Please take a few moments to read this poem by Brian Bilston.  (Keep reading to the end). It has served to provoke and inspire my preparatory reflections for our worship on Christmas Eve, particularly at the 10 PM service.

“Flight to Egypt.” Nicholas Mynheer. (Mynheer-art.co.uk)

They have no need of our help
So do not tell me
These haggard faces could belong to you or me
Should life have dealt a different hand
We need to see them for who they really are
Chancers and scroungers
Layabouts and loungers
With bombs up their sleeves
Cut-throats and thieves
They are not
Welcome here
We should make them
Go back to where they came from
They cannot
Share our food
Share our homes
Share our countries
Instead let us
Build a wall to keep them out
It is not okay to say
These are people just like us
A place should only belong to those who are born there
Do not be so stupid to think that
The world can be looked at another way

(now read from bottom to top) 

 

Beyond the Sabbatical – the journal will continue

I’ve given this some thought in the last weeks of the Sabbatical, and into this first week back.  Do I put down the journal?  After all, the Sabbatical is over, and  won’t I be too busy being with the people of Cedar Park to be writing to/with/for them?

What I realize is that 97 days is long enough to form a habit, and this habit has been good for my soul.  As an introvert who needs to write to figure out sometimes what I’m really thinking or feeling, this journal has helped me to see myself in the world in more attentive ways.  It has helped me to create a reflective/communicative space where I can connect with you,  the people with whom I serve God in the world. Those are gifts and graces from this sabbatical time that would be too good to give up now.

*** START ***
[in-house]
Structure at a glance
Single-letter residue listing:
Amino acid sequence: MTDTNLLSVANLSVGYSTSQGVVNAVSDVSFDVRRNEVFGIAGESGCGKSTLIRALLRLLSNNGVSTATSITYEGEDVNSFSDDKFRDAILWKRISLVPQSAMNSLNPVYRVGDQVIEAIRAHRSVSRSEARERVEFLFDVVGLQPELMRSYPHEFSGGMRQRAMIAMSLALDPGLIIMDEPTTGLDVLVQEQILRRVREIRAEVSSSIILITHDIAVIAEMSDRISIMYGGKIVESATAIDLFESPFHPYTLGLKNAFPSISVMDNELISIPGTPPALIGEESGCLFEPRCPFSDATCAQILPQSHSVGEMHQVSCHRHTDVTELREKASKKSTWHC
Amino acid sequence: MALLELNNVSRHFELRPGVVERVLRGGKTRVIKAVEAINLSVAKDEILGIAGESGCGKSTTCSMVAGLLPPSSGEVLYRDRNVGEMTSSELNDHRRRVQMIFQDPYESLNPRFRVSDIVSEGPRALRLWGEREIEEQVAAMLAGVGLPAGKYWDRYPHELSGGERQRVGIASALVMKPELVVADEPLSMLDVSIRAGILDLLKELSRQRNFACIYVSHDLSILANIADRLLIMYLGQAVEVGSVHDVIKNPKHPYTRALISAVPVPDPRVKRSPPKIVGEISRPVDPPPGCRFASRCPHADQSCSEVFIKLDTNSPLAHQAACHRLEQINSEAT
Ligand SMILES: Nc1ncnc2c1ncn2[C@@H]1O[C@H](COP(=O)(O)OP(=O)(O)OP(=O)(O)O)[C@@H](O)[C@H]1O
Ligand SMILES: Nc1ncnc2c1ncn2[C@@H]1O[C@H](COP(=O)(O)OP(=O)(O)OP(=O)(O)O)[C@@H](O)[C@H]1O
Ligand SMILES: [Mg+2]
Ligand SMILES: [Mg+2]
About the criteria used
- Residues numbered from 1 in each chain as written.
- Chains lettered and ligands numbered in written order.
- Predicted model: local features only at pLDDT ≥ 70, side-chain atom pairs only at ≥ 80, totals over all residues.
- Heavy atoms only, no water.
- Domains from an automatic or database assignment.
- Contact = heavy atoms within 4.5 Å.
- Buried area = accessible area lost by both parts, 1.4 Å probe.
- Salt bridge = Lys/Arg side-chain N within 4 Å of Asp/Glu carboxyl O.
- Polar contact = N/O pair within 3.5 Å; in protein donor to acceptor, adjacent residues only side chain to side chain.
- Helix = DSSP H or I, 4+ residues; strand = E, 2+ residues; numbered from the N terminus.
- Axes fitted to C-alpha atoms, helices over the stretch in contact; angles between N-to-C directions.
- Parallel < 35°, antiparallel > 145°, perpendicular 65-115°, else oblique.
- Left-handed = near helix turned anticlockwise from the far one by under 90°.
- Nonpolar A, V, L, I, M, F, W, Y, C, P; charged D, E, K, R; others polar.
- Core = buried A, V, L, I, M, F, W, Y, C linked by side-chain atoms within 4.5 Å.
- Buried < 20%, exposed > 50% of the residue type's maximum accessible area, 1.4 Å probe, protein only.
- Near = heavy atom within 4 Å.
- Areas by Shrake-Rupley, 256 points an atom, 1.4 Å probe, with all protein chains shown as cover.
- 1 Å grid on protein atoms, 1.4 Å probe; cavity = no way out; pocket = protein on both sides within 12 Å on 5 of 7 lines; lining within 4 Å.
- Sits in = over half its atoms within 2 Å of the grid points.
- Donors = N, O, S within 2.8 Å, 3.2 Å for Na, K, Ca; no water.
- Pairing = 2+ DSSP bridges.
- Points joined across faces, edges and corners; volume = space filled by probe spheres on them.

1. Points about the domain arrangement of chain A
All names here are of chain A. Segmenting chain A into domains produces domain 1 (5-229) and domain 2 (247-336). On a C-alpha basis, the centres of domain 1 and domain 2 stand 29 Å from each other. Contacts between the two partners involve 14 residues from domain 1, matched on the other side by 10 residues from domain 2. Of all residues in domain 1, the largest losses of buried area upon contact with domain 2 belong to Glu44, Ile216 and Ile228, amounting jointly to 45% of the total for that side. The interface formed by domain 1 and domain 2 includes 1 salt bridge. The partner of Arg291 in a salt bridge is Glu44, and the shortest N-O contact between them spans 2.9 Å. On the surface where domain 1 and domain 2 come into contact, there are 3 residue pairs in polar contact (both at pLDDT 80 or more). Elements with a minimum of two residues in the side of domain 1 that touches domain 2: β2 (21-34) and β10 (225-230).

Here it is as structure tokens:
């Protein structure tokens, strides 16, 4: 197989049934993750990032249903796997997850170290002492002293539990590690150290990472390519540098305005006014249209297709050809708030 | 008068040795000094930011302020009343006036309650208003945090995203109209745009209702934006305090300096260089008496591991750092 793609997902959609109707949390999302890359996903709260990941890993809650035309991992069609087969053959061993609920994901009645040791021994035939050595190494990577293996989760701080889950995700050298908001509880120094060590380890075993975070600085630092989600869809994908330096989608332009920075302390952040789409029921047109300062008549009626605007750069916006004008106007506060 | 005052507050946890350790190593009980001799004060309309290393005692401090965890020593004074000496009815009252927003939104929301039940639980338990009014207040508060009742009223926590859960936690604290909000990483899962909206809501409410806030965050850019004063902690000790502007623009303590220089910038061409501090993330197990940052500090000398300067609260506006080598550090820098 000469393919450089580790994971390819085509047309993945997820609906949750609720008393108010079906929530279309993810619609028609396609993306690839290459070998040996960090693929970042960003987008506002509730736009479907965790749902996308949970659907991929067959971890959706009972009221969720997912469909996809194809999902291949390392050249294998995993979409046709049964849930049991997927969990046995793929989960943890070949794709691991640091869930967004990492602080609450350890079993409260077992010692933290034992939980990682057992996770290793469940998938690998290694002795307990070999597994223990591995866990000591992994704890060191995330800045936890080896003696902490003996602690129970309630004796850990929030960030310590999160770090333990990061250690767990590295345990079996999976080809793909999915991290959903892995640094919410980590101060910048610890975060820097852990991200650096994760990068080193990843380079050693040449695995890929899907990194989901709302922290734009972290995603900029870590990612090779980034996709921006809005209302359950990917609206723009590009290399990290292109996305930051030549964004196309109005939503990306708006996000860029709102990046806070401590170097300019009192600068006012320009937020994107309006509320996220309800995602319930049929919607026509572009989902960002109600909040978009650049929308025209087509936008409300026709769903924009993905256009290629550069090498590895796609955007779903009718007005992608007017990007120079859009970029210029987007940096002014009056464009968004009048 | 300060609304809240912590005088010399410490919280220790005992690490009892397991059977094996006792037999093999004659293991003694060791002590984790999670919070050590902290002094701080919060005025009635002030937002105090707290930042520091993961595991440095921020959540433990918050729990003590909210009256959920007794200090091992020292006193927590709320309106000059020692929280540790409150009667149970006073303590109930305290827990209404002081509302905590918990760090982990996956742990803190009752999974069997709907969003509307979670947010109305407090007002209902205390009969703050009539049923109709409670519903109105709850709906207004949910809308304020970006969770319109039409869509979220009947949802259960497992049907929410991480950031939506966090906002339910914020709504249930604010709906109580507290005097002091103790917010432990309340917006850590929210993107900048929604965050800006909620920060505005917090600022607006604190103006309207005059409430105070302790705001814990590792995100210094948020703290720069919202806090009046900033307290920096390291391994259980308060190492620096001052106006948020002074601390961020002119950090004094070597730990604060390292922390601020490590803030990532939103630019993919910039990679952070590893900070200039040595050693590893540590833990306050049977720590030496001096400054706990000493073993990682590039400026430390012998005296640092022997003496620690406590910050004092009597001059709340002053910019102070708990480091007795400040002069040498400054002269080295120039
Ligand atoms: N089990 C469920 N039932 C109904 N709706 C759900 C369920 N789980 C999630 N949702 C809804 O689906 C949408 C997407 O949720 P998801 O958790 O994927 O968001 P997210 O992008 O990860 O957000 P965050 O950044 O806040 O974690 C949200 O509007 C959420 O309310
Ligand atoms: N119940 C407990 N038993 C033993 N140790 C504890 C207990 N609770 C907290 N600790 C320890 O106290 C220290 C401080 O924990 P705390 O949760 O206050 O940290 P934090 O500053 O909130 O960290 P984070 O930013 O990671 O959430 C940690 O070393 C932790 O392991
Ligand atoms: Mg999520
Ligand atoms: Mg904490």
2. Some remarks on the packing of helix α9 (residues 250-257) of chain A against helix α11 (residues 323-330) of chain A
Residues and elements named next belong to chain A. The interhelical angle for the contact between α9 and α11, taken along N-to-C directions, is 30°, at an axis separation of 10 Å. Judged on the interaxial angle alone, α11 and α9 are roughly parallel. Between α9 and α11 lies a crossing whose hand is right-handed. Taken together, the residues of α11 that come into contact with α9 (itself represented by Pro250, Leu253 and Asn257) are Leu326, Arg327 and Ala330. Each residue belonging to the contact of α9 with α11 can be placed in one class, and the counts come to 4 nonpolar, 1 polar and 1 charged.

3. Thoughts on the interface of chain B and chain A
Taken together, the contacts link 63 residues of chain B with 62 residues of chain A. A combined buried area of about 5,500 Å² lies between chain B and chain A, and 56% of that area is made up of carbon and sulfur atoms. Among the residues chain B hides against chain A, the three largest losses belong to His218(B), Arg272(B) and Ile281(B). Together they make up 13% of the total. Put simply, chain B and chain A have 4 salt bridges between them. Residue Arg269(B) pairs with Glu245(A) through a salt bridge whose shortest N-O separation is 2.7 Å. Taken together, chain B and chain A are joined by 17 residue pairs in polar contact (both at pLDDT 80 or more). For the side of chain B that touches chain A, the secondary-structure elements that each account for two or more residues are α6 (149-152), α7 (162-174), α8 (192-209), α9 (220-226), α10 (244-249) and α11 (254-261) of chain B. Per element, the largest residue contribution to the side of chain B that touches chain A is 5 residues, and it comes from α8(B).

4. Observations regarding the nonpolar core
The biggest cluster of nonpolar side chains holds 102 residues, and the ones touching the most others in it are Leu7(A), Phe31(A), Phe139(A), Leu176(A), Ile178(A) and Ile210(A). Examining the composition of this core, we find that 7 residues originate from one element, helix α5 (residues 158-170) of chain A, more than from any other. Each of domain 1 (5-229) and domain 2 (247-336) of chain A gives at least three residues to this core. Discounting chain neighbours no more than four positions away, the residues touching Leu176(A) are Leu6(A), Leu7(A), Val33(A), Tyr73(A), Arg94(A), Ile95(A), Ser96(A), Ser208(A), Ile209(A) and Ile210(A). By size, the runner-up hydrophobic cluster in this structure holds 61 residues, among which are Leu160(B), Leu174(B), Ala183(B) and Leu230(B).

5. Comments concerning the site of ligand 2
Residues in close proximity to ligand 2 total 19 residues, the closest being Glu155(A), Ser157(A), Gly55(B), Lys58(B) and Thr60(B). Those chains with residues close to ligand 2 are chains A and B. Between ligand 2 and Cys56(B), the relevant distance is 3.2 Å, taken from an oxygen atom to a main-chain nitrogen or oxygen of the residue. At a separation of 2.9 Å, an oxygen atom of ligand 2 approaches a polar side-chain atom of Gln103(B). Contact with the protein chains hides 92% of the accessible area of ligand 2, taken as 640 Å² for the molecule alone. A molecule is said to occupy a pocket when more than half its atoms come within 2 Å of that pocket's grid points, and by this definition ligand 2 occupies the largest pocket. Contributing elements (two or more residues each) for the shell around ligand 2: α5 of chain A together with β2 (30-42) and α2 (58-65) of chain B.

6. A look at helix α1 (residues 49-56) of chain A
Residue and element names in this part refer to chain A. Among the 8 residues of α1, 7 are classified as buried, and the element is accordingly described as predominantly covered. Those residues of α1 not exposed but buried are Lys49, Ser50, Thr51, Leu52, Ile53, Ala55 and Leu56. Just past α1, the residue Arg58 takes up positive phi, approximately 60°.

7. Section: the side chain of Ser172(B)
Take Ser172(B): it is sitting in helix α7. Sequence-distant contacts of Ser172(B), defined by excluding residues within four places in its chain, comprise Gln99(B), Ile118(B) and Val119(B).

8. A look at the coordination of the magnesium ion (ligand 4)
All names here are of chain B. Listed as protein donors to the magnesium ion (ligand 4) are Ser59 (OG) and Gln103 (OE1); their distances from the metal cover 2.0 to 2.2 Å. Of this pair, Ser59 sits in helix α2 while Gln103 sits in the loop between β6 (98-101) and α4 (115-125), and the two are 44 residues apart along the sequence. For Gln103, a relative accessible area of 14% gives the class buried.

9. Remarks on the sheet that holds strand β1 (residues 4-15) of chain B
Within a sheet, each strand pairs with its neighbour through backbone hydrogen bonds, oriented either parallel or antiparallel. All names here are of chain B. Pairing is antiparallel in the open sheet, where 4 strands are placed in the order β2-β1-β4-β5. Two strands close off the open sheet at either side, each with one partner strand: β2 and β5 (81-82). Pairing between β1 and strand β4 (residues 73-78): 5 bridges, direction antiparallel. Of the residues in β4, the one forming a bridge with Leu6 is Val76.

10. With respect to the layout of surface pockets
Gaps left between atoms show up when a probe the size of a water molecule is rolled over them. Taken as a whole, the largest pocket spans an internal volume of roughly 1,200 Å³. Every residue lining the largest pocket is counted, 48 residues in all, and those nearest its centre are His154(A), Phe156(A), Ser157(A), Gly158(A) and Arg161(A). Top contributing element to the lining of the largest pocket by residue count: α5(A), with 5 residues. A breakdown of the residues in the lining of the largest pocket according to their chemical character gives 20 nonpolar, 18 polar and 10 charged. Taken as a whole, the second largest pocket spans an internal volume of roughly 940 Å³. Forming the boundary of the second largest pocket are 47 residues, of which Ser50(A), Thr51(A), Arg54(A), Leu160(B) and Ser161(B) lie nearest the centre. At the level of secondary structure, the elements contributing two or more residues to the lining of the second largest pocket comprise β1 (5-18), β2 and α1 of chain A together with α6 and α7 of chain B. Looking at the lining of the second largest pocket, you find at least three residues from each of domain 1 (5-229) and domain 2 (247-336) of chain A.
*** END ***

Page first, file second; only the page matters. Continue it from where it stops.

So the answer, is yes… the journal will continue (not daily, most likely bi-weekly), and for the coming weeks, be something like a  “Beyond the Sabbatical: Journal/Musings on the Return.” I’ll be taking some time in the coming two weeks to reconfigure this blog space so that the periodic musings will be the first thing you see when you come to this site.  I hope in this way to continue a community conversation around this life of faith, pondering, wonder and wholehearted connection to one another, God and this world.

 

Sabbatical Update: It’s Over?!

Well, it’s over! 97 days,  each one filled with its own unique gifts, challenges, surprises, and expectations. Three months, each with a different purpose and feel.  A season of thinking deeply, and the discipline of writing.

And now for the return. What a brilliant idea to come back just in time  to participate in worship with all who came to the the Participatory Pageant!  The winter sun wouldn’t quit shining on us, making tinsel halos sparkle, and eyes glisten.  (see right).